I’ve never been a sports-oriented person. I’m not sure if it’s the required physical exertion or the competitive aspect that doesn’t excite me, but I’d much rather spend my days pursuing a host of other activities.

So when my husband announced he wanted us to join a club and play pickleball, I was less than enthused.

Sure, I’d heard that pickleball was one of the fastest-growing sports in America and was being played by lots of older adults, but I really knew nothing about the details.

Pickleball is a paddle sport that requires two to four players using a solid paddle, hitting a Wiffle-type ball over a low net. Players use an underarm stroke to serve the ball and play it on a court that’s about one-quarter the size of a tennis court, so there’s less physical exertion.

The game was invented 50 years ago as a way for three dads to keep their kids occupied. The fathers creatively used materials they had around the house and yard to fashion the paddles, ball, net and court, and then made up the rules.

Fast-forward to today, where there are more than 3 million pickleball players in the U.S. and over 20,000 courts (both indoor and outdoor.) To keep up with the demand, parks and recreation facilities and country clubs are converting many tennis courts to pickleball courts.

The first day my husband dragged (did I just write that?) me to play, I brought the refreshments. I excel at “food” and thought this is the way I could contribute and be part of the team. Besides my husband and one woman, I knew no one in the group and was not prepared to embarrass myself by playing.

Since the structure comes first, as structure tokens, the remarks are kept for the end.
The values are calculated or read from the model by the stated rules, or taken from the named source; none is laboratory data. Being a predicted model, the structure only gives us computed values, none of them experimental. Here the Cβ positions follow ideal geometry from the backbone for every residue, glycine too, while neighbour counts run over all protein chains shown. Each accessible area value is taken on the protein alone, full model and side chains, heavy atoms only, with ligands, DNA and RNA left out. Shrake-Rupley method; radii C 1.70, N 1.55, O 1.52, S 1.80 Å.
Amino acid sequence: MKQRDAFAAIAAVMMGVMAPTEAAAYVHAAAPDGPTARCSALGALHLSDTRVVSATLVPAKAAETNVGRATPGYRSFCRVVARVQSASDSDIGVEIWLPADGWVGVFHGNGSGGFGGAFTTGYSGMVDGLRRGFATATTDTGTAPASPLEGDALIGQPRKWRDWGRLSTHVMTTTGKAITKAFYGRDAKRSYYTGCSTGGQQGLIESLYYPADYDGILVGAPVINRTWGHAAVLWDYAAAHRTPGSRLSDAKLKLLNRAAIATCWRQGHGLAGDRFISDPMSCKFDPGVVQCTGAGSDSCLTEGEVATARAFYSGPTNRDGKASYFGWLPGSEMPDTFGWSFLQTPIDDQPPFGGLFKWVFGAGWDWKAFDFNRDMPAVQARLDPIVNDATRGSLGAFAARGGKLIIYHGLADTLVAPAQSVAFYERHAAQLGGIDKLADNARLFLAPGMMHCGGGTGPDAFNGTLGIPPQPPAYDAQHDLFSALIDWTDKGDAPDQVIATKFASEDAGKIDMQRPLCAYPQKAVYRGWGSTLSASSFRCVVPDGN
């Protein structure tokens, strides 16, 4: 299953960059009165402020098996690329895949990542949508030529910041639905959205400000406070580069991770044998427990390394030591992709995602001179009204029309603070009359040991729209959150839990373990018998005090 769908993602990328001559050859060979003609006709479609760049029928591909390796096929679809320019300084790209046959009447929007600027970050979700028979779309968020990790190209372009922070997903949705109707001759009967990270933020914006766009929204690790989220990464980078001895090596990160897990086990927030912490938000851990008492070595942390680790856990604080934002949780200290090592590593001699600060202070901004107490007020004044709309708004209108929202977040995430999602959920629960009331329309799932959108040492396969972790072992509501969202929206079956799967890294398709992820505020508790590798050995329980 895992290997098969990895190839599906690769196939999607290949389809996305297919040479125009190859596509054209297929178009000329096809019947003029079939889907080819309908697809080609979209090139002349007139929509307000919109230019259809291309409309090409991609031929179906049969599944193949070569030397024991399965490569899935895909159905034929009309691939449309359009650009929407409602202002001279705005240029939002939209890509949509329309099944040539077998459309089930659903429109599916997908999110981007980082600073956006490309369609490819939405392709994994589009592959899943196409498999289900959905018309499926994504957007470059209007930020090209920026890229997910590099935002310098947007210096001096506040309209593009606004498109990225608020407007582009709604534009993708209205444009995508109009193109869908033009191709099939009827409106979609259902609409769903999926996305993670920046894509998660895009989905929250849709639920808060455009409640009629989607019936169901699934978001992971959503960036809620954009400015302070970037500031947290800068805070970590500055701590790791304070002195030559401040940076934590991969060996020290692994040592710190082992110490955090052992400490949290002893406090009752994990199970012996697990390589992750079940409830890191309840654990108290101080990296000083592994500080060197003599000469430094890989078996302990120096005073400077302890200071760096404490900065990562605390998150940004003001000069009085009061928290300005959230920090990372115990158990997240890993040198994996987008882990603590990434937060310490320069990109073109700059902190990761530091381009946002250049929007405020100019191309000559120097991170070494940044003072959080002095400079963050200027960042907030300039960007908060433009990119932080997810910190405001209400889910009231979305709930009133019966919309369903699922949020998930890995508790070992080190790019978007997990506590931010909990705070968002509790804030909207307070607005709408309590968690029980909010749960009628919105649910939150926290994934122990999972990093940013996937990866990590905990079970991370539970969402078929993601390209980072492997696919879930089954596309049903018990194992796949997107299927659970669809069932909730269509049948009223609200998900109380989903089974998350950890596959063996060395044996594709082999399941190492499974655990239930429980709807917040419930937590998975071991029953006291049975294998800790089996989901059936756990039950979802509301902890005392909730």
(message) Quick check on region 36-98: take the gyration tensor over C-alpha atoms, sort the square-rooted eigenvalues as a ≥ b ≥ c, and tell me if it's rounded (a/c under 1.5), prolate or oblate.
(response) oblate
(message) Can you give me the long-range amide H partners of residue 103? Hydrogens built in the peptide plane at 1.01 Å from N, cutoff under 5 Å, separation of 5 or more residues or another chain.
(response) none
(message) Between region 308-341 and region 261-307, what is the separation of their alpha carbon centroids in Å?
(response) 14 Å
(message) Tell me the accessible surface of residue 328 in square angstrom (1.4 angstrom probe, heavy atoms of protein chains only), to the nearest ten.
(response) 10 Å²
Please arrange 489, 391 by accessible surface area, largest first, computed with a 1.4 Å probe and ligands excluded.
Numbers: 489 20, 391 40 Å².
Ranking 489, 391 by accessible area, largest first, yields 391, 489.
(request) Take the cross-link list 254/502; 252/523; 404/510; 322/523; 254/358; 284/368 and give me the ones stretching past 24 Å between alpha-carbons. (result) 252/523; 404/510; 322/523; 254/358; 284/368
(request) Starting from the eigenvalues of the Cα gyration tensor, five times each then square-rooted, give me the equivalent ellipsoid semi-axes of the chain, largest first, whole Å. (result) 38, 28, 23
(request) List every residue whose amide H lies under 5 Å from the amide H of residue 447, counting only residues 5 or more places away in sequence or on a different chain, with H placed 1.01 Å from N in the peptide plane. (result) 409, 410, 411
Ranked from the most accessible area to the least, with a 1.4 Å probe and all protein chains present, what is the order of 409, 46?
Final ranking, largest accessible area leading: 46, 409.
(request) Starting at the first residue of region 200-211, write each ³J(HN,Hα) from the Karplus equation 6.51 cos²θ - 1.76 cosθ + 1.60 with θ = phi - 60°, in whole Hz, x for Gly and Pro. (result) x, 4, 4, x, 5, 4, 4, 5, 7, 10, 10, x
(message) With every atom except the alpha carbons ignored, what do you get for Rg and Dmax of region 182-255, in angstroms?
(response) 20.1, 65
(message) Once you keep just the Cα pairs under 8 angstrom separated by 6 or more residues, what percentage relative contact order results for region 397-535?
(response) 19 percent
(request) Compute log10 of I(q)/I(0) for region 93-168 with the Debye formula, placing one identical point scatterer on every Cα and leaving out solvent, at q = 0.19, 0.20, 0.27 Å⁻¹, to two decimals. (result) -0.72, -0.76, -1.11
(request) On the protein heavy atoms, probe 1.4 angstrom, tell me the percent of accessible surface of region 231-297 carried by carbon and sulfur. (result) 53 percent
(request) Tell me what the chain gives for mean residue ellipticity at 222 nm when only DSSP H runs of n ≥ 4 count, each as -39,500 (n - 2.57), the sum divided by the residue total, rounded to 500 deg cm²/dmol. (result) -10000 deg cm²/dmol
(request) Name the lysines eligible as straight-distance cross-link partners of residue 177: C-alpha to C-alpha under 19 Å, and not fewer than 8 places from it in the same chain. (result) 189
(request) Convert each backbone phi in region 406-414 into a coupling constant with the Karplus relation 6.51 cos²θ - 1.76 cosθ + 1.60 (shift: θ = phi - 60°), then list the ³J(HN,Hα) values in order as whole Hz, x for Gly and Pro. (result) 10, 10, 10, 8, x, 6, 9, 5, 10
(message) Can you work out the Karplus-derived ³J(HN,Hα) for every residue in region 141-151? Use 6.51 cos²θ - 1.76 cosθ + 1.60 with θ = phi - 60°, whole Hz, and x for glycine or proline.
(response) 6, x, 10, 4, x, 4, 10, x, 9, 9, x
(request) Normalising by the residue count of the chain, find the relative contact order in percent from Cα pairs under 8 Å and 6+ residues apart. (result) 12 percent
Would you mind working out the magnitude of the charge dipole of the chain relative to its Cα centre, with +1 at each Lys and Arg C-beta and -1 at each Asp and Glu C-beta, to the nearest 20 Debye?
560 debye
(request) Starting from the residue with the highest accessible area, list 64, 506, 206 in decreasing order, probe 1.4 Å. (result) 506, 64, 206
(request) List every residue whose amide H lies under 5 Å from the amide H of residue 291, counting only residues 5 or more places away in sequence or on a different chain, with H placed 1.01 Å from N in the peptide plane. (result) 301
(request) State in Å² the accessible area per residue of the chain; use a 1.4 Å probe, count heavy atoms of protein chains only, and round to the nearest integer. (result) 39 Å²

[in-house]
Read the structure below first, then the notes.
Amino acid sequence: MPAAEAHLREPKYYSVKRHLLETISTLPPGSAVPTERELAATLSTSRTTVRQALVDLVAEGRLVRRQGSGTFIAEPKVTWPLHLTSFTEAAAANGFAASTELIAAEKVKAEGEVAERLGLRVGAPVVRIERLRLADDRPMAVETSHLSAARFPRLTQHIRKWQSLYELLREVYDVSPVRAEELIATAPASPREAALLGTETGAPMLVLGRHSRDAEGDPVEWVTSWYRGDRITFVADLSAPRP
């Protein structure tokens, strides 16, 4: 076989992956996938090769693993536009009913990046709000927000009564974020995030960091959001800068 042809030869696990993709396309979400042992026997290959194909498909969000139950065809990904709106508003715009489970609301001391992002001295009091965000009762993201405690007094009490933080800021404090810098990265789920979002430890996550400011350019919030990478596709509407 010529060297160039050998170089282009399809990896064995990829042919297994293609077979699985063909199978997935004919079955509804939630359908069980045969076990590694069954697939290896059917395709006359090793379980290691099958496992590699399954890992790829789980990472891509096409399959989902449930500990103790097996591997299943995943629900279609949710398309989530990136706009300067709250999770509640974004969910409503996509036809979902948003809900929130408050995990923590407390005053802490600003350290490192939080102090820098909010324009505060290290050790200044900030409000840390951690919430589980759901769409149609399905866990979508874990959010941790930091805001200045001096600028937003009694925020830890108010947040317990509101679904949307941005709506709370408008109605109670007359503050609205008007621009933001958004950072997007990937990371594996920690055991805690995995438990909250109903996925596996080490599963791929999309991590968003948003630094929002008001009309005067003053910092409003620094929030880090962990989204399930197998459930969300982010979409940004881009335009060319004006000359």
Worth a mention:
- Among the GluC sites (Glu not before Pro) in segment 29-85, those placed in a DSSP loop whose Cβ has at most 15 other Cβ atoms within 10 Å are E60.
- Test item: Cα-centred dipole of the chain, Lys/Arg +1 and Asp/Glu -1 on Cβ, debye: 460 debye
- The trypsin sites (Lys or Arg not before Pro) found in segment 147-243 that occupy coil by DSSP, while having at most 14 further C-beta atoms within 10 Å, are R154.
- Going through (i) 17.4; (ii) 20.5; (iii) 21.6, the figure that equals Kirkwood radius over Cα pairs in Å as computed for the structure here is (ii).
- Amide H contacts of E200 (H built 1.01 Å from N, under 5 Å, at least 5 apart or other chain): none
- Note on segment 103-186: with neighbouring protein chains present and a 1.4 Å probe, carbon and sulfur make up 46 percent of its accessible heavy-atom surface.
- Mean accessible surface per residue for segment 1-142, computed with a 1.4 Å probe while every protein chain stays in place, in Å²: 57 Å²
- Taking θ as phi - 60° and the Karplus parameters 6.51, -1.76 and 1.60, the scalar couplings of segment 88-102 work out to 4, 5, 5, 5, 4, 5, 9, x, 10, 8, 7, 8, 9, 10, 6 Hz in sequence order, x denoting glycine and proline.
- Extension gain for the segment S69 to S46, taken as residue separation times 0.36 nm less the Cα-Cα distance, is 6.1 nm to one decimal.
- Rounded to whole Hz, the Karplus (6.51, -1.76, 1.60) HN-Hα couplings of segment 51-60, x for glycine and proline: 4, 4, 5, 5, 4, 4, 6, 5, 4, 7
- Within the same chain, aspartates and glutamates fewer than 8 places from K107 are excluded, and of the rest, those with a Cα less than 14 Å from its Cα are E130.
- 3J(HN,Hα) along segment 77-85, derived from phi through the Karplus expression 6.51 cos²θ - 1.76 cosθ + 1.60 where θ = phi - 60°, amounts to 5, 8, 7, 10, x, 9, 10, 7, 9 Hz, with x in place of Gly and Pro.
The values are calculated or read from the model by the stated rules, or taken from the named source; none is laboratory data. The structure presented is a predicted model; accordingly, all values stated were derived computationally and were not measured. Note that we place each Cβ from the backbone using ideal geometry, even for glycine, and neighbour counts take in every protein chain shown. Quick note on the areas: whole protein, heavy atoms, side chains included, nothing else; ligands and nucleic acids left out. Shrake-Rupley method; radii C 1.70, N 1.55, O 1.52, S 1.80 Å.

While the group was mighty appreciative of my Bloody Marys and croissants, they were not taking no for an answer when it came to me playing. By the next gathering I had purchased a pair of court sneakers and borrowed a paddle to give the game a try.

I was struck by the socialness of the group and the way they were especially considerate of a new player, orienting me to the rules and going easy on me until the day when I become more seasoned.

I was also happy to note that the games are short, playing only until one team scores 11 points, and that in between games players could sit out and let another person take their position while they rested.

The group we were playing with could not have been more friendly and inviting, and they made a beginner like me feel very welcome.

As we played more, I invested in a paddle and an official pickleball bag for us to carry the paddles and balls in, an investment of less than $200 if you counted my new court sneakers.

After a few more times of playing and meeting more players via the club’s pickleball socials, I discovered I was actually having fun.

If you have not played pickleball you might want to give it a try. You can find a list of public courts on conejovalleyguide.com, and if you belong to a tennis or country club they may have pickleball courts there, too.

Playing pickleball is good for me and may be good exercise for many other older adults. It allows me to work on my balance, agility, reflexes and hand-eye coordination without too much strain on my body.

Without a ton of physical exertion and friendly social competition, pickleball is a sport even I can get into.

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